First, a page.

The class action lawsuit, filed in April last year on behalf of more than 3,000 Cambodian plaintiffs, accused the Thai sugar giant Mitr Phol of violently displacing them in Cambodia's northwestern Oddar Meanchey province between 2008 and 2009 to make way for plantations.
Mitr Phol said it had invested in Cambodia in "a good faith partnership" with the Cambodian government and got temporary concessions in compliance with all local and national laws.
On Thursday, a Bangkok civil court ruled that the case brought by the villagers was not suitable to be treated as a class action due to communication issues, as the plaintiffs live in remote areas in Cambodia and do not speak Thai.
The villagers would appeal the court decision, and if that failed, they would file individual civil lawsuits, said U.S.-based non-profit group Inclusive Development International, which is helping the Cambodians with the case.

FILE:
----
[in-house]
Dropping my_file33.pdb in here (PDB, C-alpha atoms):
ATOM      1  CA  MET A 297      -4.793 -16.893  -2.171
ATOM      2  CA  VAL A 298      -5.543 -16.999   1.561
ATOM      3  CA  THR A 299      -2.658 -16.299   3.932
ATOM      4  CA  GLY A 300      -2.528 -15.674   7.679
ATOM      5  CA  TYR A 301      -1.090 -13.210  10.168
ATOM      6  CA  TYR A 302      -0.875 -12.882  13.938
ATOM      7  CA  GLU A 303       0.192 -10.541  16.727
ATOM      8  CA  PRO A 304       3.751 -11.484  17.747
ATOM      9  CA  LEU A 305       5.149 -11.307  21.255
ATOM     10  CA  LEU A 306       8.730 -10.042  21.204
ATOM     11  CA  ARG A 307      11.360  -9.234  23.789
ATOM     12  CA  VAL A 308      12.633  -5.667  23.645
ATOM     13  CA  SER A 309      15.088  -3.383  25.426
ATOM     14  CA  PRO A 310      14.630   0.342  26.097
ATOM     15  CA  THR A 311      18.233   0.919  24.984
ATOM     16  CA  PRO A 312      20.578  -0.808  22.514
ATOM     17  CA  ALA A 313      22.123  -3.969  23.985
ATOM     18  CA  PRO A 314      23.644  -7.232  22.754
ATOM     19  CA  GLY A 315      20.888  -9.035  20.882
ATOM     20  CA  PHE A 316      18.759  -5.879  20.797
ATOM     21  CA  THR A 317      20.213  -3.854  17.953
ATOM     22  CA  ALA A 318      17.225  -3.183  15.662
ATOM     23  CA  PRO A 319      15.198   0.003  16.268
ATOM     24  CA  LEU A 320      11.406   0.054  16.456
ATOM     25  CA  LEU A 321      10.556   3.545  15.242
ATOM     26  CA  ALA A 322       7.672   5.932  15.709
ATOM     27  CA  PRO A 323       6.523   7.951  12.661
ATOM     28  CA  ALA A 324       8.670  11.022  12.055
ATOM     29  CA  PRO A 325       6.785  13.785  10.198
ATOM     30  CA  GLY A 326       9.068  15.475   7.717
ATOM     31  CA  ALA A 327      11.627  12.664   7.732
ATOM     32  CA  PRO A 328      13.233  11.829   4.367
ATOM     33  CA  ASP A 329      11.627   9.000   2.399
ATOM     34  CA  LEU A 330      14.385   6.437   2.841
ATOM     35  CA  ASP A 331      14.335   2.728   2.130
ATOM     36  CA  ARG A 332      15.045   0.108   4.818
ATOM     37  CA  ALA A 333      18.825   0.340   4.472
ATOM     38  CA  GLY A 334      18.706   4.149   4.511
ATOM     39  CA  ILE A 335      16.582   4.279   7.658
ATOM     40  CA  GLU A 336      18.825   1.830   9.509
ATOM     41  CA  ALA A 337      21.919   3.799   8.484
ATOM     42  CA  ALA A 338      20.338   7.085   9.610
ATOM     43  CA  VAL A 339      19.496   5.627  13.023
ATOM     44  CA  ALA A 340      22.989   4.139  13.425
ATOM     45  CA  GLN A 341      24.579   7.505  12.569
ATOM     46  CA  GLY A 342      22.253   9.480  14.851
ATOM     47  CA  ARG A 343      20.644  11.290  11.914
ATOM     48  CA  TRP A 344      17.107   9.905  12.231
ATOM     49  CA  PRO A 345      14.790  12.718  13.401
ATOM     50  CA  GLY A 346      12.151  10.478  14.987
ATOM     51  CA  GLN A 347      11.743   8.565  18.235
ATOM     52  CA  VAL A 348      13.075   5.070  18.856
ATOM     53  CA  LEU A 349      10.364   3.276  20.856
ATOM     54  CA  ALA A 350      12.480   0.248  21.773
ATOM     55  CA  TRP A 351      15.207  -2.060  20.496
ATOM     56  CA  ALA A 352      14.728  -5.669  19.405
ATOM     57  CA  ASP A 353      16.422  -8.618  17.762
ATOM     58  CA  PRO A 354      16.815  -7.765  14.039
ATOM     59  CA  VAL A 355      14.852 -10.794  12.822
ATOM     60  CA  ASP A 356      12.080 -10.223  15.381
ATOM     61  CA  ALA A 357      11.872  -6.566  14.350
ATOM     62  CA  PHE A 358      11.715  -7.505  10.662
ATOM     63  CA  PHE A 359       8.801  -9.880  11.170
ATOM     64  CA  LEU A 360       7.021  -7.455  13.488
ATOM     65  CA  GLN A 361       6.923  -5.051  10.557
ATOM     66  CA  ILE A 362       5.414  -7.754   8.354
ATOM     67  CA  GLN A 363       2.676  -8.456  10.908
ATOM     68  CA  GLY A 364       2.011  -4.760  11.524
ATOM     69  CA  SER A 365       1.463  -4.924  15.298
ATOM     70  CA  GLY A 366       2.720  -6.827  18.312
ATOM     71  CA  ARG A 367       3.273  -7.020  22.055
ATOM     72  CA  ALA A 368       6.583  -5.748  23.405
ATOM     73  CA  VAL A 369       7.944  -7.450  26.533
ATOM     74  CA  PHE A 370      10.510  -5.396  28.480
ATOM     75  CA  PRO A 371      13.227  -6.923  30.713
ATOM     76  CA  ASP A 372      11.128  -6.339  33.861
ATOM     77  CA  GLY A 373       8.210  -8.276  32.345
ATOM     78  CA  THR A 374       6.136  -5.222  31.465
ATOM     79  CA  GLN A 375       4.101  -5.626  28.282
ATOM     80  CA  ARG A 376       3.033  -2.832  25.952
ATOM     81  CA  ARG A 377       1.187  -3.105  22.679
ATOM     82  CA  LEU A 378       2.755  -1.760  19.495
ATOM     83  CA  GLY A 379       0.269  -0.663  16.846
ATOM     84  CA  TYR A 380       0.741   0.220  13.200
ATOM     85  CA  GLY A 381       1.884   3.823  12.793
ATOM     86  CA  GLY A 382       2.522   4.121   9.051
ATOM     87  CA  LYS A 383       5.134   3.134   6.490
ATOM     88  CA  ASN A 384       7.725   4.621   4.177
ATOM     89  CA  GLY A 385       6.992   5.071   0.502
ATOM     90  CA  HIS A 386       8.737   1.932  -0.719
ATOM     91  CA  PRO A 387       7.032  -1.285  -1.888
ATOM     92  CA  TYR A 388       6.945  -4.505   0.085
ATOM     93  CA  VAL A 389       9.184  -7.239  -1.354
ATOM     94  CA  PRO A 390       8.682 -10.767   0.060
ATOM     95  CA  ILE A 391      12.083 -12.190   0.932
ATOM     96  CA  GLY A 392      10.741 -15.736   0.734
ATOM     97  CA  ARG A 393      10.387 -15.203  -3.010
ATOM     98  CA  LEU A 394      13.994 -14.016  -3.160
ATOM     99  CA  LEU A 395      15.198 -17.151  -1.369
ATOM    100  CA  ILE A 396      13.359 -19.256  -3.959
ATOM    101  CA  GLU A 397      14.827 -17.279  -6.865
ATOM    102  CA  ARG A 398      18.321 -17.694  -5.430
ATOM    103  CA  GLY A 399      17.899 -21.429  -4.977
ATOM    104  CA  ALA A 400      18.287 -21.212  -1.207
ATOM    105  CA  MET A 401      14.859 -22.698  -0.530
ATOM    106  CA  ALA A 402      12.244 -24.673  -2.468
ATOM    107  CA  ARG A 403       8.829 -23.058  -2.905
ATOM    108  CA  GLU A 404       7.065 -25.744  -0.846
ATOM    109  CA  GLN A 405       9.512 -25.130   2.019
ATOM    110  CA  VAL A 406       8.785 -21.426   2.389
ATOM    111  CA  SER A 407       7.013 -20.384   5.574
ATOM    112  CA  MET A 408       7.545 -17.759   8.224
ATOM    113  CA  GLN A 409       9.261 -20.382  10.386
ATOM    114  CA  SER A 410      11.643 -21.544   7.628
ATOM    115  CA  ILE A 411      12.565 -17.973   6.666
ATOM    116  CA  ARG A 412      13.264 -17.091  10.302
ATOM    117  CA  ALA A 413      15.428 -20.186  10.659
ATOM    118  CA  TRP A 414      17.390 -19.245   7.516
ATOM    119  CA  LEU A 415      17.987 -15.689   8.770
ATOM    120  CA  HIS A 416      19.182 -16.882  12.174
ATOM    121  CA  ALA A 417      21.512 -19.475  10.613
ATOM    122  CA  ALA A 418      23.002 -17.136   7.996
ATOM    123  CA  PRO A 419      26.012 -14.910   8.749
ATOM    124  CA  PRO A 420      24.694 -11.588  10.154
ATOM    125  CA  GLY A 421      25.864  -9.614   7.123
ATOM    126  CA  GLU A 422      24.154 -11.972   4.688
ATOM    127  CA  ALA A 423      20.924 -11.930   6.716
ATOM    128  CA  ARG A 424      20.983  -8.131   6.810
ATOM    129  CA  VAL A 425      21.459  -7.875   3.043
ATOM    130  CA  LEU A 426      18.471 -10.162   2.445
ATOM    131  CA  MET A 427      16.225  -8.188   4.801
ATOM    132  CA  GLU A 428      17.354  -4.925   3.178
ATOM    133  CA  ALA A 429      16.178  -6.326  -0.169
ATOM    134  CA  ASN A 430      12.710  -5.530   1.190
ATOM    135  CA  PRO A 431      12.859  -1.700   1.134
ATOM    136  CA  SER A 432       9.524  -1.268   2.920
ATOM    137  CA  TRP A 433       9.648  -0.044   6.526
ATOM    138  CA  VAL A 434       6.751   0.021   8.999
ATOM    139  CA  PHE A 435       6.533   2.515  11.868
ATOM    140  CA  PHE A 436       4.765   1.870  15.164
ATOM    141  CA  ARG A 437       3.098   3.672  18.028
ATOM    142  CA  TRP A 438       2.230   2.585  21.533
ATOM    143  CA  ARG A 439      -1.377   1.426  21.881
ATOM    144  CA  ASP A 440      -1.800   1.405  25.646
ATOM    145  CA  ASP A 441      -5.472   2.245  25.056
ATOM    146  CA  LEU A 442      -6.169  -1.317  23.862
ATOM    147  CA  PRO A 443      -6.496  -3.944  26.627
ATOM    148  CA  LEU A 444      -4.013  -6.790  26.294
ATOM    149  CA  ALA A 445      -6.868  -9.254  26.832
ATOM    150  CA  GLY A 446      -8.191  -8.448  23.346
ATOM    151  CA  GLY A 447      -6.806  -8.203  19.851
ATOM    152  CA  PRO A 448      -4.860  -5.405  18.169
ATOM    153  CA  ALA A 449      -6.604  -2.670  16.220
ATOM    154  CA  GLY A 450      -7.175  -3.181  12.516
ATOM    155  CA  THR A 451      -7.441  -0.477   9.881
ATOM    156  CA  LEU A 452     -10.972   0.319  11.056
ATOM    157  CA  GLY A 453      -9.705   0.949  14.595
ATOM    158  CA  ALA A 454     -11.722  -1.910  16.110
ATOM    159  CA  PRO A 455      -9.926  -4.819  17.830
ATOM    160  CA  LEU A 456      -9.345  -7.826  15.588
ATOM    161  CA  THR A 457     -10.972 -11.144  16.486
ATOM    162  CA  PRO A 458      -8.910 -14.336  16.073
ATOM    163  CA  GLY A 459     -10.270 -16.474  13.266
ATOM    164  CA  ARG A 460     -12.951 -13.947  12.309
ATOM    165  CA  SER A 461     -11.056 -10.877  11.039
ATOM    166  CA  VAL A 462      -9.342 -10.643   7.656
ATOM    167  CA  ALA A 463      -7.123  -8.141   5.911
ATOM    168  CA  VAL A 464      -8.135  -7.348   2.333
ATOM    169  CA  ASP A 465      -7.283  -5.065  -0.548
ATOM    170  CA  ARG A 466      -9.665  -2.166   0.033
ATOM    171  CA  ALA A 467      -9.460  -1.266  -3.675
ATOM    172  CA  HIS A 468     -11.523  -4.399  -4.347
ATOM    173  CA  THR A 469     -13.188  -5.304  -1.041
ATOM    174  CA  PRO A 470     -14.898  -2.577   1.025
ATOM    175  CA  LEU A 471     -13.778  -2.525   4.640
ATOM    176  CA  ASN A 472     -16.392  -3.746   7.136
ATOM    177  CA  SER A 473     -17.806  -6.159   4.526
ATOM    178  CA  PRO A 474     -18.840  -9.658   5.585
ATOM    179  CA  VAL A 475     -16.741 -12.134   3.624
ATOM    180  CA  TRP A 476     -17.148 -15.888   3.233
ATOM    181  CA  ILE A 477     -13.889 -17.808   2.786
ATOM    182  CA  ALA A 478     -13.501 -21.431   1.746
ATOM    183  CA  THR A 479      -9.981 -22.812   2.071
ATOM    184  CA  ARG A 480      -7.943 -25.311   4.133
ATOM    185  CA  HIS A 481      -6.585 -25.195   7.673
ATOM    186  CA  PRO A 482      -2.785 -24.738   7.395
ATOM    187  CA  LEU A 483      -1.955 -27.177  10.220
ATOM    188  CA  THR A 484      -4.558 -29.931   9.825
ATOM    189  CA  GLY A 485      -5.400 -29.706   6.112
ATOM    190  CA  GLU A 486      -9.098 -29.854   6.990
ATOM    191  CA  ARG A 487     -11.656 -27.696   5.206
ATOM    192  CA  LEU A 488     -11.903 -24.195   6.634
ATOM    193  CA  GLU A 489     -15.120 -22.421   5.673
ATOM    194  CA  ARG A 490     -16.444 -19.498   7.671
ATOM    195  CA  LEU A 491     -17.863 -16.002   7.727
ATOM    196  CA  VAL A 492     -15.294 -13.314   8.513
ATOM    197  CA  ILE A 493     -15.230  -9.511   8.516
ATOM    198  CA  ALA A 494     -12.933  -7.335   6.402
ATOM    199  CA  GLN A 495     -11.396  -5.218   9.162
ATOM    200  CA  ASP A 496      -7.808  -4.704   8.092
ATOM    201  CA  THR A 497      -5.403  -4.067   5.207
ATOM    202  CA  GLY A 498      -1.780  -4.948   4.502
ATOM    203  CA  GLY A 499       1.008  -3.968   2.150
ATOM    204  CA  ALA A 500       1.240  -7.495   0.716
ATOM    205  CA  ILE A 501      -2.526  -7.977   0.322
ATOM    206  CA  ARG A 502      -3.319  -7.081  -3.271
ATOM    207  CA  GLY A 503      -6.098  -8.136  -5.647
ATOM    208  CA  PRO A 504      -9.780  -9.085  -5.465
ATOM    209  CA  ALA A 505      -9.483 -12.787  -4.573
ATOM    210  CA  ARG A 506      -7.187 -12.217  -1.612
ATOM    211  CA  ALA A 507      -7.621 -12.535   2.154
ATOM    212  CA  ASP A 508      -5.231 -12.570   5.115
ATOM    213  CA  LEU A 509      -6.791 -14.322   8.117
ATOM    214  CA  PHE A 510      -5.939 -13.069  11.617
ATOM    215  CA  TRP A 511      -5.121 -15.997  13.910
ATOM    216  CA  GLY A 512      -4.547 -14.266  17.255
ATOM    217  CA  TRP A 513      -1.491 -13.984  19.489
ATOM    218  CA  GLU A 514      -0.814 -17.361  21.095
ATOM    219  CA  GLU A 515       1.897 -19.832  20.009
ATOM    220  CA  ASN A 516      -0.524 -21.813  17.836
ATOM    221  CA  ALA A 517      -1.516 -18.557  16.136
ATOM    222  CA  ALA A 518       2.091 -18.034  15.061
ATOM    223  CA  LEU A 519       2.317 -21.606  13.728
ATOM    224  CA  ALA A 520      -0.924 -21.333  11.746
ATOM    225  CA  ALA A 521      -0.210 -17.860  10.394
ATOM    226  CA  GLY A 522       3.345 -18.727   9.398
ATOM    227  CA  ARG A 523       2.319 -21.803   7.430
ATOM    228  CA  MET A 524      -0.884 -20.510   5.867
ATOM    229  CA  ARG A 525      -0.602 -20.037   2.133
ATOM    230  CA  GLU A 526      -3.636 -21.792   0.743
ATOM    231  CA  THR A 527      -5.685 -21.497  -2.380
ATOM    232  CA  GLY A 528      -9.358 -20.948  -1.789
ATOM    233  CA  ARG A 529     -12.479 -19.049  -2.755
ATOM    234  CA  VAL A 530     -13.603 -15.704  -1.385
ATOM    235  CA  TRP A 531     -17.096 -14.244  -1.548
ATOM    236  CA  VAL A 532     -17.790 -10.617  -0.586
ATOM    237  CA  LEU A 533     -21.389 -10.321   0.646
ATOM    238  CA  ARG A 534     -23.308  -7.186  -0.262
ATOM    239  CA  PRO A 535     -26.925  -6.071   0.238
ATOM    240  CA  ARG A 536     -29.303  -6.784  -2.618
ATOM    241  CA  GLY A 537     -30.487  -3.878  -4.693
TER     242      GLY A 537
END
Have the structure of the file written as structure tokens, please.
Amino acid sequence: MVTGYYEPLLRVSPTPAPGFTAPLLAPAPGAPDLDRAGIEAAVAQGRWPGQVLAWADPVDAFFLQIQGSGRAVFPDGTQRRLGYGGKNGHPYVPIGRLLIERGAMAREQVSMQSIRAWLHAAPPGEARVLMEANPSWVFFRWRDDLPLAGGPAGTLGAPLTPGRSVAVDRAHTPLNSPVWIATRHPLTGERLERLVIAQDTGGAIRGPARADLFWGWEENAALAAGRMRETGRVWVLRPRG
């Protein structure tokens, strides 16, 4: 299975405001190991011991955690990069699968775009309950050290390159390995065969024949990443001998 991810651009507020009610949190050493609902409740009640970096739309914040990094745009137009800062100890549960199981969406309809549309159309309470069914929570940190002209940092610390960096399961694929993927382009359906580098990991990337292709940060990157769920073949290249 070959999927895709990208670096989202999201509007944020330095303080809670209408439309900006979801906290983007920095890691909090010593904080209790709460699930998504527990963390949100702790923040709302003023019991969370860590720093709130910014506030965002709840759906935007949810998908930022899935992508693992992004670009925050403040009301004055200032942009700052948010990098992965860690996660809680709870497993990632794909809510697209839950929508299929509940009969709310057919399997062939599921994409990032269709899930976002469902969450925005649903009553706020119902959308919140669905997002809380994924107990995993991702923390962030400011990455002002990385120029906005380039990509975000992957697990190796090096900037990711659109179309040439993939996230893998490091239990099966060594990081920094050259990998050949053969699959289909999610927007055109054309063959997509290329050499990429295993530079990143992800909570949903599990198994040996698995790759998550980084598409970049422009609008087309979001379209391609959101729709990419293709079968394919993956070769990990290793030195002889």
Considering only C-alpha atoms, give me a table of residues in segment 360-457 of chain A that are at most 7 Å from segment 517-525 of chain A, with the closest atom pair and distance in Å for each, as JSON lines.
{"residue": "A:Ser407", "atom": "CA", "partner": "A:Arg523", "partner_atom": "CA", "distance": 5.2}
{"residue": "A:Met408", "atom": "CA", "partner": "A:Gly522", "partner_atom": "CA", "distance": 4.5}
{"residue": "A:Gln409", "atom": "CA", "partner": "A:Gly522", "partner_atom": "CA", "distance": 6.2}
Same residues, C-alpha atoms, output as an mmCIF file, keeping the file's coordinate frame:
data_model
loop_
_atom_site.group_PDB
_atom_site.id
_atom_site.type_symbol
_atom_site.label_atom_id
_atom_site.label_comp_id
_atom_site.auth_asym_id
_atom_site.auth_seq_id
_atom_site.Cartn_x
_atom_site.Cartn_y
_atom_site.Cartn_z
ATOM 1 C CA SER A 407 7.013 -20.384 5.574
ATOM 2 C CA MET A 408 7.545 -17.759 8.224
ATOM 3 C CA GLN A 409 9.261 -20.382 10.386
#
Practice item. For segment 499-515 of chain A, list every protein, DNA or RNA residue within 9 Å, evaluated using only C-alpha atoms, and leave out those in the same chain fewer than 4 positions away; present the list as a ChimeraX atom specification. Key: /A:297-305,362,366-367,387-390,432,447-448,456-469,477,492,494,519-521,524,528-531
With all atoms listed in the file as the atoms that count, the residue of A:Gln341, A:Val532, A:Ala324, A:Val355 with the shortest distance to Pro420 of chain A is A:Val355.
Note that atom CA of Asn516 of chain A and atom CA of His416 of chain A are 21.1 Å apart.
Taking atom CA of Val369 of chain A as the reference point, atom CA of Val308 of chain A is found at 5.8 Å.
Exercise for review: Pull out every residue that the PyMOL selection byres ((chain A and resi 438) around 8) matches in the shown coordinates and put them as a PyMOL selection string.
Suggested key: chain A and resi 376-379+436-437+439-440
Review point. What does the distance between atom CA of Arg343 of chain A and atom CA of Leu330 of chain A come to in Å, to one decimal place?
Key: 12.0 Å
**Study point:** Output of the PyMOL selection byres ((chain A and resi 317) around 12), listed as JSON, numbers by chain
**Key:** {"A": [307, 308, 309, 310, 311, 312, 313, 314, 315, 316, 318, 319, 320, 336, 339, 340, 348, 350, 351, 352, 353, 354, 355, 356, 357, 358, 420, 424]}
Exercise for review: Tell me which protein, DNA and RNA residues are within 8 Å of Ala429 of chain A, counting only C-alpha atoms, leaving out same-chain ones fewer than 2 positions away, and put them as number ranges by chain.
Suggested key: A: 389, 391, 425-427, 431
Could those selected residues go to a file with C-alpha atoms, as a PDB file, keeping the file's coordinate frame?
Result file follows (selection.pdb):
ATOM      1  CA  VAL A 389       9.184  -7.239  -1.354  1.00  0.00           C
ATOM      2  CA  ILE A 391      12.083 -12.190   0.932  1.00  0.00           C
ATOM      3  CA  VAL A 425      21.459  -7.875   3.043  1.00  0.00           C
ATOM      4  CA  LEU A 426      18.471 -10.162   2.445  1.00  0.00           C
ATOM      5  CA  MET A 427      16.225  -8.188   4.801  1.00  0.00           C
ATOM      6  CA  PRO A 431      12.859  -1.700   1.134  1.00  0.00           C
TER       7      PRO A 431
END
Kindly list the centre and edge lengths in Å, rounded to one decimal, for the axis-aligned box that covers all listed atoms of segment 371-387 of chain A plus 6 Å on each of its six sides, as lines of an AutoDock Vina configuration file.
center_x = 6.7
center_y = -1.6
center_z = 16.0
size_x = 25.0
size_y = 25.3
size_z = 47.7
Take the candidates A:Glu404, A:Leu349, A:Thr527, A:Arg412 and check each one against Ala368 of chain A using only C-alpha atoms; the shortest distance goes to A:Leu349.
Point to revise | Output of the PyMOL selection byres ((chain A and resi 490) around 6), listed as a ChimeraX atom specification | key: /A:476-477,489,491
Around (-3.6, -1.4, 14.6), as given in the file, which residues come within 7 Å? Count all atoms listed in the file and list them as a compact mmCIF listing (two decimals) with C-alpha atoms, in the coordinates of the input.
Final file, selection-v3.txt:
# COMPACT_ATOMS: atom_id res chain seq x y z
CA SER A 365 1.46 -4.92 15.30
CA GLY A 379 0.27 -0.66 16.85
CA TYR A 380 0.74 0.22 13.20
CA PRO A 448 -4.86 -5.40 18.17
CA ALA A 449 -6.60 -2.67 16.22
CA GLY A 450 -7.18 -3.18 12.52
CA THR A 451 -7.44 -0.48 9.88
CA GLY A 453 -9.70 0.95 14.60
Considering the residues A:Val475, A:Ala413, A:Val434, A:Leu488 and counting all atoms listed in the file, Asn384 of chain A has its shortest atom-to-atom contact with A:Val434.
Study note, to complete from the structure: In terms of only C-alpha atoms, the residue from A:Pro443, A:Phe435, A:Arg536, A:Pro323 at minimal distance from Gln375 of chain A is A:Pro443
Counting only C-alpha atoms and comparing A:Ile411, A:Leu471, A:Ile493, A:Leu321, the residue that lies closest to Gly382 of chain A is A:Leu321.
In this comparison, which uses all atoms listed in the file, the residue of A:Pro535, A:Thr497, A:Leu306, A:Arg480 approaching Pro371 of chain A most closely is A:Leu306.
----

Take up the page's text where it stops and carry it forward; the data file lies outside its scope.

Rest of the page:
"The Bangkok court got this decision totally wrong, but the class action ruling will be appealed and we will not give up until Mitr Phol is held accountable, even if that means bringing 700 individual civil suits," David Pred, the group's executive director, told Reuters.
"The reality is that individual civil suits, which the Cambodian victims will be forced to pursue if the decision is not overturned on appeal, will be much more costly and complicated for all parties."
Mitr Phol did not immediately comment when contacted by Reuters, saying it was working on a statement.
Mitr Phol withdrew from the sugar project in northwest Cambodia 2014.
The class action lawsuit was said to be the first such lawsuit filed in a Thai court by plaintiffs from another country against a Thai company operating outside Thailand.
(Reporting by Patpicha Tanakasempipat in BANGKOK and Prak Chan Thul in PHNOM PENH Editing by Robert Birsel)